I've been watching a lot of Blender video tutorials lately and I thought some of them were very good and some of them, while being produced with the best intentions, weren't. This got me thinking: what are the elements of a 'good' video tutorial? Maybe this checklist can help you when you're producing one.
- Plan. What are you going to tell? What is the level of your audience? Think of the story that you wish to convey. When writing a tutorial, I always try to give the reader a satisfying end result. No matter how simple, everyone likes to have something to show for their efforts and be able to say "I made this!"
- Write a script, but don't learn it by heart. I often write an outline, and never full sentences. Writing the full story always results in a boring mechanical lecture. Better make sure you have a good story in your head and a short bullet list to fall back to when you're lost,
- Decide which hotkeys or actions you will explicitly address and which ones you will take for granted. This kind of ties in to determining what level your audience is. Explaining too many hotkeys can be boring, but if you're creating a tutorial for new users you can't be too explicit.
- Prepare files. If you want to show a certain operation that requires a model, be sure to have one handy. It's much more interesting to see a demo on a good object than on a bunch of cubes.
- Short videos seem to work better than long ones (well, for me, anyway). I often don't have much time to watch something so I prefer 'atomic' tutorial that explain one thing well. That way I can quickly pick and choose what to watch.
- Edit your work afterwards. Don't leave mistakes or errors in. There's nothing more annoying than a 'whoops - that wasn't supposed to happen' or a 'as you can see, Blender occasionally crashes'. Also, you should always remove pieces that simply last too long such as rendering or baking a fluid simulation. Don't be lazy - make it a joy to watch for your audience!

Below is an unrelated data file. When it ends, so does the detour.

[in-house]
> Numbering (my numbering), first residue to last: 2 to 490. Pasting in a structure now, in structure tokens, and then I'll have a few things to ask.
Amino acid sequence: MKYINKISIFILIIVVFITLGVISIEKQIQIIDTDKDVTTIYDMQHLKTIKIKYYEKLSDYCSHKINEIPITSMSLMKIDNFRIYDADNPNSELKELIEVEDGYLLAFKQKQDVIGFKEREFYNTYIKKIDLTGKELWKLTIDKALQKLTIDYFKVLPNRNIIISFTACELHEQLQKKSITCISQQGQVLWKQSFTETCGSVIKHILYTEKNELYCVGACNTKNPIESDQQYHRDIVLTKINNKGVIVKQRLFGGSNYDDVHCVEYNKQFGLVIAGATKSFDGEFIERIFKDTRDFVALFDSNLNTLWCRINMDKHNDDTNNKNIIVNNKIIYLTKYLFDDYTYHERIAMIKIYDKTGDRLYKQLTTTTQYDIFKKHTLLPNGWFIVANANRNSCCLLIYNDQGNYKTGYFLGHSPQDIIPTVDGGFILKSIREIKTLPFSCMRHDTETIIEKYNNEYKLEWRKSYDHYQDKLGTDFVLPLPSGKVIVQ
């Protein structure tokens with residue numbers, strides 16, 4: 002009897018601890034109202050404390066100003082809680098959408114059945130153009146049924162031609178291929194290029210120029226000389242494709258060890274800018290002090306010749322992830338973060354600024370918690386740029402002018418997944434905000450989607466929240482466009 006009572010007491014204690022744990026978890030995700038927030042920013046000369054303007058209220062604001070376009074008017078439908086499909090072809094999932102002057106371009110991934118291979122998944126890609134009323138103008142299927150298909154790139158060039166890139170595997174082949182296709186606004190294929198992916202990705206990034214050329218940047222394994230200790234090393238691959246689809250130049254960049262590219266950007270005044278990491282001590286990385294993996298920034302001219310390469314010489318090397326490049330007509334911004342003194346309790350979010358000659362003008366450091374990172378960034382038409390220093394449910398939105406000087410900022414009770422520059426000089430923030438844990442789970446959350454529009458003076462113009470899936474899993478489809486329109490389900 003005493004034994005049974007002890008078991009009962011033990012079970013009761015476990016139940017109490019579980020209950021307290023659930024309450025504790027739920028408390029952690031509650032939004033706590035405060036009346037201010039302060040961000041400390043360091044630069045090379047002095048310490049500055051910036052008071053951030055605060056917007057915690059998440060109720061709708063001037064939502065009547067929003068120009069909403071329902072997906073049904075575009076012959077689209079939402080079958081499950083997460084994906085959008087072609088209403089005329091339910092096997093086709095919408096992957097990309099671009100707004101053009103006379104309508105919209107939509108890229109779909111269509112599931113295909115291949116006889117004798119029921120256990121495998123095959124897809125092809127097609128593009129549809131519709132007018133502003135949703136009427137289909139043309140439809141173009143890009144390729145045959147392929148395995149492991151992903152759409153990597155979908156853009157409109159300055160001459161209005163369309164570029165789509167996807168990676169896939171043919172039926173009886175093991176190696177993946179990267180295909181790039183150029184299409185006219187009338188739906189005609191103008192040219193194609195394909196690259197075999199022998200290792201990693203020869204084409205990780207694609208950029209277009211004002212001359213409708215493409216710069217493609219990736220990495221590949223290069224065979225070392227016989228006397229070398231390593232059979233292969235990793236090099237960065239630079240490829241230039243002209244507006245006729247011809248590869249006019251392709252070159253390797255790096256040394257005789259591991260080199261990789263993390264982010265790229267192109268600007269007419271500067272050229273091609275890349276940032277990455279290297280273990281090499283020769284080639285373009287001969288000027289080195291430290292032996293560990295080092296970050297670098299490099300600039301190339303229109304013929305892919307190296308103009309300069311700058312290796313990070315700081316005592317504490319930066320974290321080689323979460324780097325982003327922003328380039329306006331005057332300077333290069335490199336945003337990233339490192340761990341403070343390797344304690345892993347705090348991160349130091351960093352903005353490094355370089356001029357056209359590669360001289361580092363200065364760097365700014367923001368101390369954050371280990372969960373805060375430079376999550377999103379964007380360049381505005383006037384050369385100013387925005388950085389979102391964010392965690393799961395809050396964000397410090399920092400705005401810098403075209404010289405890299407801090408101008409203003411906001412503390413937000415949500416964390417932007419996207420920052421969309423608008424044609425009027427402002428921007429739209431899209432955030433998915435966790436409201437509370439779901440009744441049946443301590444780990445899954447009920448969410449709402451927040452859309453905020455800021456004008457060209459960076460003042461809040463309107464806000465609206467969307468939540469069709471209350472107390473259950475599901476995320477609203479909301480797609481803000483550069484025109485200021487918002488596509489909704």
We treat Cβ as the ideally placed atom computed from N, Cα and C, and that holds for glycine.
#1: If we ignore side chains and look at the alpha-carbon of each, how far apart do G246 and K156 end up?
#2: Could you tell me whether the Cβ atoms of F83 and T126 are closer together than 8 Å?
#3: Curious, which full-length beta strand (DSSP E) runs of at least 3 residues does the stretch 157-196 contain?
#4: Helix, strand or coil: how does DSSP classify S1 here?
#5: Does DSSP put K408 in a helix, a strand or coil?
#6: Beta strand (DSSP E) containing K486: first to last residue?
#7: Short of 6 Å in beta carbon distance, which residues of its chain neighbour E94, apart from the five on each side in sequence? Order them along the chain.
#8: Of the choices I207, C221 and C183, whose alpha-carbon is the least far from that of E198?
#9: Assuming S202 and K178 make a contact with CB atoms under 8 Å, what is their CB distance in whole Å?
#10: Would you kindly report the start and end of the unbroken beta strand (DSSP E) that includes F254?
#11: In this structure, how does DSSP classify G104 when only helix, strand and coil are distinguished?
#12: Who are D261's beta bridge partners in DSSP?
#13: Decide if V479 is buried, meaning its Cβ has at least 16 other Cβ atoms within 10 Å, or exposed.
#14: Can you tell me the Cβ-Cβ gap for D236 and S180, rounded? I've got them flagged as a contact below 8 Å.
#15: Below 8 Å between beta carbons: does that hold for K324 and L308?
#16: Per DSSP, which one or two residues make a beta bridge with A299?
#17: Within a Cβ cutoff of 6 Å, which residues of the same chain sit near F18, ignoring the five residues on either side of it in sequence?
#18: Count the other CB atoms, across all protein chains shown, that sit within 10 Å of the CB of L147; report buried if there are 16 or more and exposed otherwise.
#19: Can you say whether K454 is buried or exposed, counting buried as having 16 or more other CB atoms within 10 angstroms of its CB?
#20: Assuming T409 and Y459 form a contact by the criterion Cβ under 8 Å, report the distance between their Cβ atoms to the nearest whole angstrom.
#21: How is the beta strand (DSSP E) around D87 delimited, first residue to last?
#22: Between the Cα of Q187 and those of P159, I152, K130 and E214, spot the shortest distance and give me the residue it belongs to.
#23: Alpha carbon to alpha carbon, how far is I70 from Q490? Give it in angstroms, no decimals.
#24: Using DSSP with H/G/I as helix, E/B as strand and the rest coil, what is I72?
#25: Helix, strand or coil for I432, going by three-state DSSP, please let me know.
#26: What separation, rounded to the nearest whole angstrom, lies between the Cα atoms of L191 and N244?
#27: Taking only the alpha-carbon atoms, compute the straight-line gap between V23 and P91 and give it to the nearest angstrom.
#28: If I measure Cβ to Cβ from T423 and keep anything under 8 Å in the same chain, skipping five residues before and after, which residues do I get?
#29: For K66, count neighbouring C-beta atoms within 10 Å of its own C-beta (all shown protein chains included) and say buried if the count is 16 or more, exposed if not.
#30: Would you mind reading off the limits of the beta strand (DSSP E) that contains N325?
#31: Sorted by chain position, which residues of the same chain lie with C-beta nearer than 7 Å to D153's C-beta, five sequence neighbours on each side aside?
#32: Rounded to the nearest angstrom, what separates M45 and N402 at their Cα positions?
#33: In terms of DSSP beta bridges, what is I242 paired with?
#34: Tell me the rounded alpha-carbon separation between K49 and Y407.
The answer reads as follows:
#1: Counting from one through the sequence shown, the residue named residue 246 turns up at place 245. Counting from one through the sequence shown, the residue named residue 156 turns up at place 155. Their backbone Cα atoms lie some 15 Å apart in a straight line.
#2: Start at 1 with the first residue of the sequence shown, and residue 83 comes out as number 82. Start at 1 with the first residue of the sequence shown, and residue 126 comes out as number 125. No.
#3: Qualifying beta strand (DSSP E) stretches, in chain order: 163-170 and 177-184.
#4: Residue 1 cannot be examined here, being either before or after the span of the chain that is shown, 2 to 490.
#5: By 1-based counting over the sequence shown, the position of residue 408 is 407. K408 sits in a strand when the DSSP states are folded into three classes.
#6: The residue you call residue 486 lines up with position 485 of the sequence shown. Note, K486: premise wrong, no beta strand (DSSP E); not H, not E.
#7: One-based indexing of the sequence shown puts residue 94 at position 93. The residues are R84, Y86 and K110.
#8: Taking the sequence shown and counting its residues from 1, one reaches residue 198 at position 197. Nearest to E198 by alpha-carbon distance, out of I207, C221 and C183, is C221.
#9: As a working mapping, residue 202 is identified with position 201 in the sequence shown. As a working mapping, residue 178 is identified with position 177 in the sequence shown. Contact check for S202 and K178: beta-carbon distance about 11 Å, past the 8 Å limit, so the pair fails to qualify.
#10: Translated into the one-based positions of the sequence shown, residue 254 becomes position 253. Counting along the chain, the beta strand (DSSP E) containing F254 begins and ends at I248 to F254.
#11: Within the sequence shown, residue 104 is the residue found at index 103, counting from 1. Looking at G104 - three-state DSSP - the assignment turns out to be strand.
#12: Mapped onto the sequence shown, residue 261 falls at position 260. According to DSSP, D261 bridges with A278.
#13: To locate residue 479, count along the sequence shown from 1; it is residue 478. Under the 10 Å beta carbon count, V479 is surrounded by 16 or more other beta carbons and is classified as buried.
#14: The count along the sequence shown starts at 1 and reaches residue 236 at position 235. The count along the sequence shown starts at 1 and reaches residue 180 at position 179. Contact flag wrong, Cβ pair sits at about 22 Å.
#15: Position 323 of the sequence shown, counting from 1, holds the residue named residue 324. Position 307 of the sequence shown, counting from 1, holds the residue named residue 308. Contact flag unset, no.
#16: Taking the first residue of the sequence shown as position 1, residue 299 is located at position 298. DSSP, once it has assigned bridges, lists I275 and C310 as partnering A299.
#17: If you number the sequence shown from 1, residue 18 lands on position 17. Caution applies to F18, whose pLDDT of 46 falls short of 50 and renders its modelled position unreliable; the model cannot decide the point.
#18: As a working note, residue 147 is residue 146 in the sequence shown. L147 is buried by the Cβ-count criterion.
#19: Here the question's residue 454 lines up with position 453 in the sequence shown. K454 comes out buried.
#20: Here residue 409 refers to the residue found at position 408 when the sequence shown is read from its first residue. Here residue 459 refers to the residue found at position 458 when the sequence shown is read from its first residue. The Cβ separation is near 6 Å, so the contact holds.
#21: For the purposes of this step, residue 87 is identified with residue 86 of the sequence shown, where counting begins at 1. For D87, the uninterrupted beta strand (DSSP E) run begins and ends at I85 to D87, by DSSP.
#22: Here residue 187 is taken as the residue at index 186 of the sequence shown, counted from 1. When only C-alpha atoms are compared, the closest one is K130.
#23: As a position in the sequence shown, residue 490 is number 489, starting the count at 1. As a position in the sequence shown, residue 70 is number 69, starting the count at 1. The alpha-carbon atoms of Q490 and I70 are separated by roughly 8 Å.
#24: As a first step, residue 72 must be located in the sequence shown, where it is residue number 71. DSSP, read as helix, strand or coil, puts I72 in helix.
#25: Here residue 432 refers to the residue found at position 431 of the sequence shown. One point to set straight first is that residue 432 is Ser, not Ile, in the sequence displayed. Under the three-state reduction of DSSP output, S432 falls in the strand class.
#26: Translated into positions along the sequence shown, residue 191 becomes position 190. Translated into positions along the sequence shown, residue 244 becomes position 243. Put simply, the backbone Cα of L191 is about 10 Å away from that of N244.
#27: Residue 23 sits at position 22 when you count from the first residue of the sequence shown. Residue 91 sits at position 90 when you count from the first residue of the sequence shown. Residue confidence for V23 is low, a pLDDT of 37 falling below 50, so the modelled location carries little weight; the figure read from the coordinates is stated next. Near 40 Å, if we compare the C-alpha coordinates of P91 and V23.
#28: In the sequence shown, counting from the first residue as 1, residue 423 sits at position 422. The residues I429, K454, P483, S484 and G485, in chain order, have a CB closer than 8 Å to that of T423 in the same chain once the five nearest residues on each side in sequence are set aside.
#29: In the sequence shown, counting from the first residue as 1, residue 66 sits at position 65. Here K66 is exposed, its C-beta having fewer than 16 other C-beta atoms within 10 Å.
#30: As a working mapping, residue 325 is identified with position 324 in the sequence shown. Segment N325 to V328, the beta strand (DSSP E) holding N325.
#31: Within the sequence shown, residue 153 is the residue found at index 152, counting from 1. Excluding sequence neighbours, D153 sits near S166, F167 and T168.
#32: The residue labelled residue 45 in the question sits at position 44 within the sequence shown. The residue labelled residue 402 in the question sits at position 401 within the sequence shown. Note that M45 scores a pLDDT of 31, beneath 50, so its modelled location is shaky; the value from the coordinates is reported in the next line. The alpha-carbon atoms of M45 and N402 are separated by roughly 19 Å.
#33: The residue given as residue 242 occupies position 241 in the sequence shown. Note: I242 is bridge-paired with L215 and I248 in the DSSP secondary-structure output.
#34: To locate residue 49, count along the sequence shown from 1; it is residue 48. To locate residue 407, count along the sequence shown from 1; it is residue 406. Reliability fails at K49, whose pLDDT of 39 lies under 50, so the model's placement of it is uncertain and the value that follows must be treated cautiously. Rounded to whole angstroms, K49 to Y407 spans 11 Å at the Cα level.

- Work in multiple steps/edits. If you plan to produce your work in multiple steps, you have more room for error. Also, it's a lot easier to record in many small fragments than in one long one.
- Record the audio separate from the video. If you can, re-record the audio. While actually DOING the demo your mind will be focused on handling the computer and not so much on how to form good sentences or how to speak nicely.
- Let the mouse go if you don't need it. Don't keep moving it around, or - worse - keep changing the perspective. It's very distracting.
- Plan for improvements; keep the original movie files (blender/imovie/whatever). you WILL receive feedback and it's much easier to accept it when you're able and prepared to easily incorporate it. (This is a psychological trick).
- Add title, credits, subtitles. Doing so will make your work look much more finished and professional. Be sure to include your email address or URL - these videos may travel around the world and it's nice if people can find
- Use a good microphone and a quiet room to record. If possible, use a quiet computer. Record on the highest level that you can without oversampling.
- Normalize the audio level afterwards. Don't surprise your audience with loud passages after a soft one. Also, maximize the audio level without clipping it. This will ensure the best possible audio quality.
- Use good audio compression quality. I often find good audio more important than good video, but I guess that's a personal thing.
- This tip was posted by jcarney: "Get a De Esser for your microphone (one of those round thin screens placed between you and the mic.) It softens the consonants, so they don't POP when spoken. (B and P are the worst). You can do it in post, but getting right before it's recorded is still the best."
- If possible, offer multiple resolutions and fileformats. Some people will have slow connections, others fast ones. Try to serve everyone if you can.
- Find a good fast hosting service to host your file. If you don't have one of your own, consider Polorix.net.
This is just the first list of issues that came to mind and I'll gladly add more.